Leaked photos show iOS-like OS X [Update]

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Hours before WWDC kicks off, a series of blurry leaked photos appear to show Apple’s next generation operating system, OS X 10.10 Yosemite, in action.

Two different sources of photos have been posted online: the first on the Reddit Mac community by a poster using a throwaway account, who claimed to have taken the photos himself at Apple’s headquarters in Cupertino. These images have since been deleted.

Shortly after Twitter user UI designer Doney den Ouden posted another image, citing a “reliable anonymous source.”

Assuming that the photos are genuine, they reveal several interesting changes in the look and feel of the OS — making it far closer resemble iOS. For instance, there is now a Control Center, along with a slightly rejigged Safari, with larger buttons for bookmarks and frequently visited sites, similar to the version of Safari found on the iPad.

The Dock similarly does away with the current “shelf” motif, replaced by a translucent strip like the one seen on iOS. While the icons appear unchanged in the Reddit images (date stamped March 24) in the (presumably) newer Twitter picture the icons appear far more iOS-like.

This is particularly interesting in light of comments made by Phil Schiller earlier this year, stating that following Windows down the route of merging mobile and desktop operating systems would be a “waste of energy.” Still, I guess there’s nothing wrong with borrowing ideas from what works well on iOS — particularly since that is the Apple OS the majority of users are most familiar with.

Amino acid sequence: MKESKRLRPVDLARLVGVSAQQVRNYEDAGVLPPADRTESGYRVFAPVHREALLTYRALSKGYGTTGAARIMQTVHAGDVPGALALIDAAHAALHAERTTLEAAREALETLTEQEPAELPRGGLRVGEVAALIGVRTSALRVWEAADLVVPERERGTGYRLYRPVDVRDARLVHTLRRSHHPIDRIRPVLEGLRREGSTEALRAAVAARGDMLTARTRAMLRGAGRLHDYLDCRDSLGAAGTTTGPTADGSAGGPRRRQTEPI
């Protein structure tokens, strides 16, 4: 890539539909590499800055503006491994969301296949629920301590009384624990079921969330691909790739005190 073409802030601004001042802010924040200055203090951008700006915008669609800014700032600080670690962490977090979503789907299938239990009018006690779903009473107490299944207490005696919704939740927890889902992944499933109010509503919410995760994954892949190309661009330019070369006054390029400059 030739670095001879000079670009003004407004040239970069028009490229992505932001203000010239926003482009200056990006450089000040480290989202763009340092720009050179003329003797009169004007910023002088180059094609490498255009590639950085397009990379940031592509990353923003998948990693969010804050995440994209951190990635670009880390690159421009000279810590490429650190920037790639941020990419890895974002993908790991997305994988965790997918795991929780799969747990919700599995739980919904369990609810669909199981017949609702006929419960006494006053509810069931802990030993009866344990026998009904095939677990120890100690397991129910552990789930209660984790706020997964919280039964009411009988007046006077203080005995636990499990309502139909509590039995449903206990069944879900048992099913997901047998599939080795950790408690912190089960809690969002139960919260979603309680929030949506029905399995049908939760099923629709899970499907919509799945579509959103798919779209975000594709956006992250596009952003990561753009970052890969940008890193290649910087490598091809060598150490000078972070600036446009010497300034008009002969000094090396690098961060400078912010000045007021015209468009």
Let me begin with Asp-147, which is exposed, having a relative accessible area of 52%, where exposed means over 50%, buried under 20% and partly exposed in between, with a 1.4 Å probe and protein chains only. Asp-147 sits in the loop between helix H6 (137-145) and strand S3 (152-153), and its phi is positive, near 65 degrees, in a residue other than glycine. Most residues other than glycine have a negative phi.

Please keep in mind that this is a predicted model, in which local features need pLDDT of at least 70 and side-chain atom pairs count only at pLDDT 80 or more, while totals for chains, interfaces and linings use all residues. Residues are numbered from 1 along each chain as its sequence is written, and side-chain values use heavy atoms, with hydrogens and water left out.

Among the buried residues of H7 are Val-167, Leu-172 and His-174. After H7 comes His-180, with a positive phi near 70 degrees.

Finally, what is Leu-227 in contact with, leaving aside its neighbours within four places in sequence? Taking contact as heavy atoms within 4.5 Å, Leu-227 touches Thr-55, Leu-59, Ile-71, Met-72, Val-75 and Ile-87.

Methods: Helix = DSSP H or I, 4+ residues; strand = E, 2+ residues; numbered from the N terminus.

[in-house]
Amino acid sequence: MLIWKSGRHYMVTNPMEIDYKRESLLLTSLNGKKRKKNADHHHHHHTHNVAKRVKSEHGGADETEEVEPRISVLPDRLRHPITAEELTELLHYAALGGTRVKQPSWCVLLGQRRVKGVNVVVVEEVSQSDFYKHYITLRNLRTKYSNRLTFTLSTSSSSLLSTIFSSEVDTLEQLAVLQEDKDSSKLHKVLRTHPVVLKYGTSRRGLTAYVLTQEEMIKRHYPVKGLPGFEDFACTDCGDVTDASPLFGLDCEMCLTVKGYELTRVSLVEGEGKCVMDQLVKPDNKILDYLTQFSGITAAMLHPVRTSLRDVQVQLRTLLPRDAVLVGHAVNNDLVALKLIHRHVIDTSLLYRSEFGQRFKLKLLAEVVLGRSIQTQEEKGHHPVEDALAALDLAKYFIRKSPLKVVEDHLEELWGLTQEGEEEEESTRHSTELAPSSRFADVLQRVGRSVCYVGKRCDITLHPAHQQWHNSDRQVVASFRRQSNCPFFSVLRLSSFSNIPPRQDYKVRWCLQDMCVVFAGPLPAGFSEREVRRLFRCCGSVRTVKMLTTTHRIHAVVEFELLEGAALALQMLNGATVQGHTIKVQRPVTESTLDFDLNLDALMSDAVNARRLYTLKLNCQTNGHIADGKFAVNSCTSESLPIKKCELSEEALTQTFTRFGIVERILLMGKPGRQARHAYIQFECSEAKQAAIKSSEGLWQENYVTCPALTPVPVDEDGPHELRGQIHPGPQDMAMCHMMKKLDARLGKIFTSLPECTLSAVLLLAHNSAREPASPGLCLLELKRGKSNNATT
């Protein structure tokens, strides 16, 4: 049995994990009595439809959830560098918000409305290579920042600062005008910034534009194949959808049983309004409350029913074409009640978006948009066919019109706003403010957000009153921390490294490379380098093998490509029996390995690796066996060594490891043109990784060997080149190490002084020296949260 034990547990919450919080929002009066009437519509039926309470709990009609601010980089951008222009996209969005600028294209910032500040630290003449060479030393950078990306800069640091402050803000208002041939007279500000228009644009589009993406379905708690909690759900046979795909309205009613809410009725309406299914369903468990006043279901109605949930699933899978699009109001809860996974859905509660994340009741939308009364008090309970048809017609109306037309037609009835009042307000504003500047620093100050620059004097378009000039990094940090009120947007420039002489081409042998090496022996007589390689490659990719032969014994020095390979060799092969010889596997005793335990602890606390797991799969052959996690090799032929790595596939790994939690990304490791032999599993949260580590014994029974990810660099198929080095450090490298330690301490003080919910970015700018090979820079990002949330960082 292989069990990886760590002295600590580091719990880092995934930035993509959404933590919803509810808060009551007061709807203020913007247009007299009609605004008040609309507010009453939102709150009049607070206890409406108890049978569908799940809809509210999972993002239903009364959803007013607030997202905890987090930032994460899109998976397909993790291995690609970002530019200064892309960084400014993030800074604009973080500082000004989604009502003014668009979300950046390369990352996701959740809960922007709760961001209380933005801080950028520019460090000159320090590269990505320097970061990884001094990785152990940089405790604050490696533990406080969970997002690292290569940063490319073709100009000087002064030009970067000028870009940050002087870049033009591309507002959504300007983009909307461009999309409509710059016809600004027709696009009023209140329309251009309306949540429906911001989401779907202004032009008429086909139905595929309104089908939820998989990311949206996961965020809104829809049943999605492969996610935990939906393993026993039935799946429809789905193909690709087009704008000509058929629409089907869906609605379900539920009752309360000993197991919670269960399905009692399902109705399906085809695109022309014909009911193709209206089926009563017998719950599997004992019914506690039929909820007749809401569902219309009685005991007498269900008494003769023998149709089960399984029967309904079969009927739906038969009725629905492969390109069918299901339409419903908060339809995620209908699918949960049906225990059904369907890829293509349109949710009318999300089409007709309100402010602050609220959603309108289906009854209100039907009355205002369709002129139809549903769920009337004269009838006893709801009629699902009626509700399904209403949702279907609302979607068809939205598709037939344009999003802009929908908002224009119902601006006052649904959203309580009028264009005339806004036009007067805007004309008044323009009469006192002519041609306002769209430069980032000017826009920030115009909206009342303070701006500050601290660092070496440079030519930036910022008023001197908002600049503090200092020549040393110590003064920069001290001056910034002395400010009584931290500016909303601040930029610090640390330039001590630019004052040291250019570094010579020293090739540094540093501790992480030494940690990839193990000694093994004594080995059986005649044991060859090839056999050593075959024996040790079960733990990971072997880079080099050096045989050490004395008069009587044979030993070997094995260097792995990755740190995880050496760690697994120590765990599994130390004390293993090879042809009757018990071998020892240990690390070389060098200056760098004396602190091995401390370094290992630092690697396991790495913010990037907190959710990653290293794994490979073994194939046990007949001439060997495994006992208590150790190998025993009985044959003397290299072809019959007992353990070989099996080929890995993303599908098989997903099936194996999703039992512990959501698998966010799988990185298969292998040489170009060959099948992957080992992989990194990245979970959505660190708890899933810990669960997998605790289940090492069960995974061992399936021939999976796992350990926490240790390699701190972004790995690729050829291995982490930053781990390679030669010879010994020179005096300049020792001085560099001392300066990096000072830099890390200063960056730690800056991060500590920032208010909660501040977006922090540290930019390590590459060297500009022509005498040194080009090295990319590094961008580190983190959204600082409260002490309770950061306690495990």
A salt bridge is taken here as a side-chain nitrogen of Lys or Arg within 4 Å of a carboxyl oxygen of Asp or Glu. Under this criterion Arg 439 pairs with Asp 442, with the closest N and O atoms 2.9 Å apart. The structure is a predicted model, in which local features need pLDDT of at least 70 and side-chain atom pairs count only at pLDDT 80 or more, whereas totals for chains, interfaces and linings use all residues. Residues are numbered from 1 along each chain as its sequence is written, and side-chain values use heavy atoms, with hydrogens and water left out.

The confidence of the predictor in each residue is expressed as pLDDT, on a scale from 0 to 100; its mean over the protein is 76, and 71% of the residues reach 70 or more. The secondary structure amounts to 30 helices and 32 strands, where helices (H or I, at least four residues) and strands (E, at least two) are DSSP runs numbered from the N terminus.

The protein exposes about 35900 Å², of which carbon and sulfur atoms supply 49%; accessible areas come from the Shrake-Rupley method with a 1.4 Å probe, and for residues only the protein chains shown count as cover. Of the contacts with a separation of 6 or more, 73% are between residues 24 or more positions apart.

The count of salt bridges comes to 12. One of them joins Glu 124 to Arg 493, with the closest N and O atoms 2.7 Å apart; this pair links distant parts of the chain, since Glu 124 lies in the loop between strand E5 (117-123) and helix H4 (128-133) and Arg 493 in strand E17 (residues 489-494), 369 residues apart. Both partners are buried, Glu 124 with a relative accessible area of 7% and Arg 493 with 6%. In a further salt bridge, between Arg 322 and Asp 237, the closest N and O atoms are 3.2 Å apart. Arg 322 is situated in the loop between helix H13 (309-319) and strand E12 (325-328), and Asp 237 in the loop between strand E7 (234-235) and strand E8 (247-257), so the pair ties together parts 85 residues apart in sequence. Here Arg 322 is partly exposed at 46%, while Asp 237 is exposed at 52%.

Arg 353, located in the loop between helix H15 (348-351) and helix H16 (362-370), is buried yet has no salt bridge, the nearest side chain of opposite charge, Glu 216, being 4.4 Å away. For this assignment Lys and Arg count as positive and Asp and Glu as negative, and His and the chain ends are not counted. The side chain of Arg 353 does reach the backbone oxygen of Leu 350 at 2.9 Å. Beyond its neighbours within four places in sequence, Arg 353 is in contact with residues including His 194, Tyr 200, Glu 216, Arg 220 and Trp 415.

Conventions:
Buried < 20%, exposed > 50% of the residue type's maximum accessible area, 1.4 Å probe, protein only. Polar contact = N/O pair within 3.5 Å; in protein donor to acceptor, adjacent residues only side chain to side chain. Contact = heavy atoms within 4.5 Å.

Apple is set to introduce the operating system at WWDC later today. Given that the company is reportedly clamping down on leaks more than ever, it is likely that there are going to be some people in Cupertino none too happy about this.

What do you think of the look of OS X 10.10? Leave your comments below.

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About the author

Luke DormehlLuke Dormehl is a UK-based journalist and author, with a background working in documentary film for Channel 4 and the BBC. He is the author of The Formula: How Algorithms Solve All Our Problems, And Create More and The Apple Revolution, both published by Penguin/Random House. His tech writing has also appeared in Wired, Fast Company, Techmeme, and other publications. He'd like you a lot if you followed him on Twitter.

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